Yesterday one of my teachers shared a story from her life in class. It was a simple story about bug bites and an orchid and yet it shaped the rest of my day. Stories are inherently "sticky" according to Chip and Dan Heath in their book, Made to Stick. This means that we remember them more easily and are more apt to apply their message to how we live our lives in the future. My teacher could have just as relevantly shared the yogic concept from the Sutras of Patanjali that the pain of the future is avoidable. Perhaps even in Sanskrit so that she sounded like more of an authority: Heyam Dukham Anagatam. I have certainly heard that phrase enough to remember it and know what it means, but if you ask me how I've applied it in my life, I would have to spend awhile thinking about it and in the end I'd tell some sort of story, perhaps like the one that happened to me yesterday . . .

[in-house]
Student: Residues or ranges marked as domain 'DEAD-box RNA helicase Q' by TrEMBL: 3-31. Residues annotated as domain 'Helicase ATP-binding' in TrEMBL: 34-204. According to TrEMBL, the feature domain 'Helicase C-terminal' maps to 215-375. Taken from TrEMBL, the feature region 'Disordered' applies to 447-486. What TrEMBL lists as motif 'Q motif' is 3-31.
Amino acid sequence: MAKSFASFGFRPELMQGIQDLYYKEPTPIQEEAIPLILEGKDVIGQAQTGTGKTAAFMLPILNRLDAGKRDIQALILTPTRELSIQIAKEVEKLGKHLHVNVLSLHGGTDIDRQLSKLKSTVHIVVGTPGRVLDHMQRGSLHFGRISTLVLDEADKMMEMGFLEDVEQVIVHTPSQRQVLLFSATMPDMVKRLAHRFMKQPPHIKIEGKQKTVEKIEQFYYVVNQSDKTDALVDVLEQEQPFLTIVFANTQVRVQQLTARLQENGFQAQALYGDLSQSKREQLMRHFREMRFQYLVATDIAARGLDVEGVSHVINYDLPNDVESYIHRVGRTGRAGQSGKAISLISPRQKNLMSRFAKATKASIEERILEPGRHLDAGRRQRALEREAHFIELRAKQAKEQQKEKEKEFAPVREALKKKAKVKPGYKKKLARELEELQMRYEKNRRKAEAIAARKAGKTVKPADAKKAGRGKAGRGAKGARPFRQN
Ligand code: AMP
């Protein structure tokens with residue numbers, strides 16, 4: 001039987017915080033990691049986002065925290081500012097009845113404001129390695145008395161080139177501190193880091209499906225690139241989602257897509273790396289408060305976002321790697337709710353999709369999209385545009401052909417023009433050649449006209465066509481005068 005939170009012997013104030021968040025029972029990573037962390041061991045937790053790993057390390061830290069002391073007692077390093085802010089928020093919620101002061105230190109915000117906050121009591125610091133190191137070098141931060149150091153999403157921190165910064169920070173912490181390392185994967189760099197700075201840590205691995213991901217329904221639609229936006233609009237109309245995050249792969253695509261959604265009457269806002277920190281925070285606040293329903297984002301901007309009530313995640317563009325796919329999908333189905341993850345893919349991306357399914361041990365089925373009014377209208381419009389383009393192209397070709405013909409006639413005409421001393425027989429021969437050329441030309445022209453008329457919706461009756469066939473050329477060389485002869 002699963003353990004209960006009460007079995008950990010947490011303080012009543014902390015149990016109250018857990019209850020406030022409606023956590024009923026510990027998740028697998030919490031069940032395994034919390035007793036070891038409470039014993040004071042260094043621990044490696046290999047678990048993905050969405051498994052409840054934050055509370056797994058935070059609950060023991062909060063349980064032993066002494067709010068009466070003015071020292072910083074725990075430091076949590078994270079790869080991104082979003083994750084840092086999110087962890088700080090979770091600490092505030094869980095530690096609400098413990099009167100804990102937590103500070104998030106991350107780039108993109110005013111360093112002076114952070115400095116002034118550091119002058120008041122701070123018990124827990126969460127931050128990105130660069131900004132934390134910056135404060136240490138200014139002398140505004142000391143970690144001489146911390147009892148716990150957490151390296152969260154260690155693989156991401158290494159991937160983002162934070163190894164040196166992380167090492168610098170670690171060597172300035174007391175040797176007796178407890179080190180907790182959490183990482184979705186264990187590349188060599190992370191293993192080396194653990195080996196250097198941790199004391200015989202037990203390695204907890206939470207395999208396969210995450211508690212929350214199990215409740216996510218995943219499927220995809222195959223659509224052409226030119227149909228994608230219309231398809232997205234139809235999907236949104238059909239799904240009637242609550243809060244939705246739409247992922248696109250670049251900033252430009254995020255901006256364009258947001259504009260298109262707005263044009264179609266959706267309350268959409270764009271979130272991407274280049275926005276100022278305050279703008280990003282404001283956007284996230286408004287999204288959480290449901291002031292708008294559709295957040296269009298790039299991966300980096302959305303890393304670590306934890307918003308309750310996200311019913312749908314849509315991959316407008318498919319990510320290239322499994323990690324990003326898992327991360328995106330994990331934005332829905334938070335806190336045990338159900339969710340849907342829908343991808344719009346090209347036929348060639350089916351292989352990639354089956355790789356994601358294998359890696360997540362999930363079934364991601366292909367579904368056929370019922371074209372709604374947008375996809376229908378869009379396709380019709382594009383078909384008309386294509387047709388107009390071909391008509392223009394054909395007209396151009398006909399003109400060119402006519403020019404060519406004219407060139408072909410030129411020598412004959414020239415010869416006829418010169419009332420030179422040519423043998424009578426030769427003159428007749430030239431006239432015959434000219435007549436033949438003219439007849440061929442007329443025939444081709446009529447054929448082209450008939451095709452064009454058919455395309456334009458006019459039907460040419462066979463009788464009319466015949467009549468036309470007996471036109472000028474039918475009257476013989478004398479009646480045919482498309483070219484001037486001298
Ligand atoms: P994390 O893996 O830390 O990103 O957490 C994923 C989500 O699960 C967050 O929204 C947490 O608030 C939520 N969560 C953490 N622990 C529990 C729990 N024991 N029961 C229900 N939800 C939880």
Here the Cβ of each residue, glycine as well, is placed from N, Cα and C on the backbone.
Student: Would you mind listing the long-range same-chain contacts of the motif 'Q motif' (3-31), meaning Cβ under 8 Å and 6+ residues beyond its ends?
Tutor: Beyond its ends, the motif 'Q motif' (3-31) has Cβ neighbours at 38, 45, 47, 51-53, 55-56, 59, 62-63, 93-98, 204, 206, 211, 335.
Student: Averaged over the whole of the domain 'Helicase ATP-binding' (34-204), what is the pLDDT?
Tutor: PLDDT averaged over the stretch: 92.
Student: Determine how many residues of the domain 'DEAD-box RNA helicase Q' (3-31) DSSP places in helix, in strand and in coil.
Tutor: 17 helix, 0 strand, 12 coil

Leaving the studio, with my teacher's story still lingering in my awareness I noticed my inner voice suggesting I make a detour in my trip home and stop to do an errand. This was not in my plan but I listened to that voice just like my teacher had shared the experience of listening to hers. The errand didn't seem that important and even when I did stop to do it they didn't have what I thought I was looking for. I ended up buying a shower curtain which was nowhere on my radar as something I was looking for, but my teacher's story had inspired me to listen and trust. Back at home after installing the new curtain and for the rest of the day, I began to notice the quiet thoughts that run in the background of my daily activities. The simple act of hearing a story and buying a shower curtain I didn't think I needed, led to me feeling ready to welcome my daughter home from college despite my busy teaching schedule, brought my awareness to things I hold onto even though they are not who I am and opened me up to more fully inhabiting my life. What are we really sharing when we share our stories? I think we are doing more than recounting the events of our day in hopes of some comfort or validation, but instead sharing what truly inspires us and shapes who we become. What is inspiring you in your life today?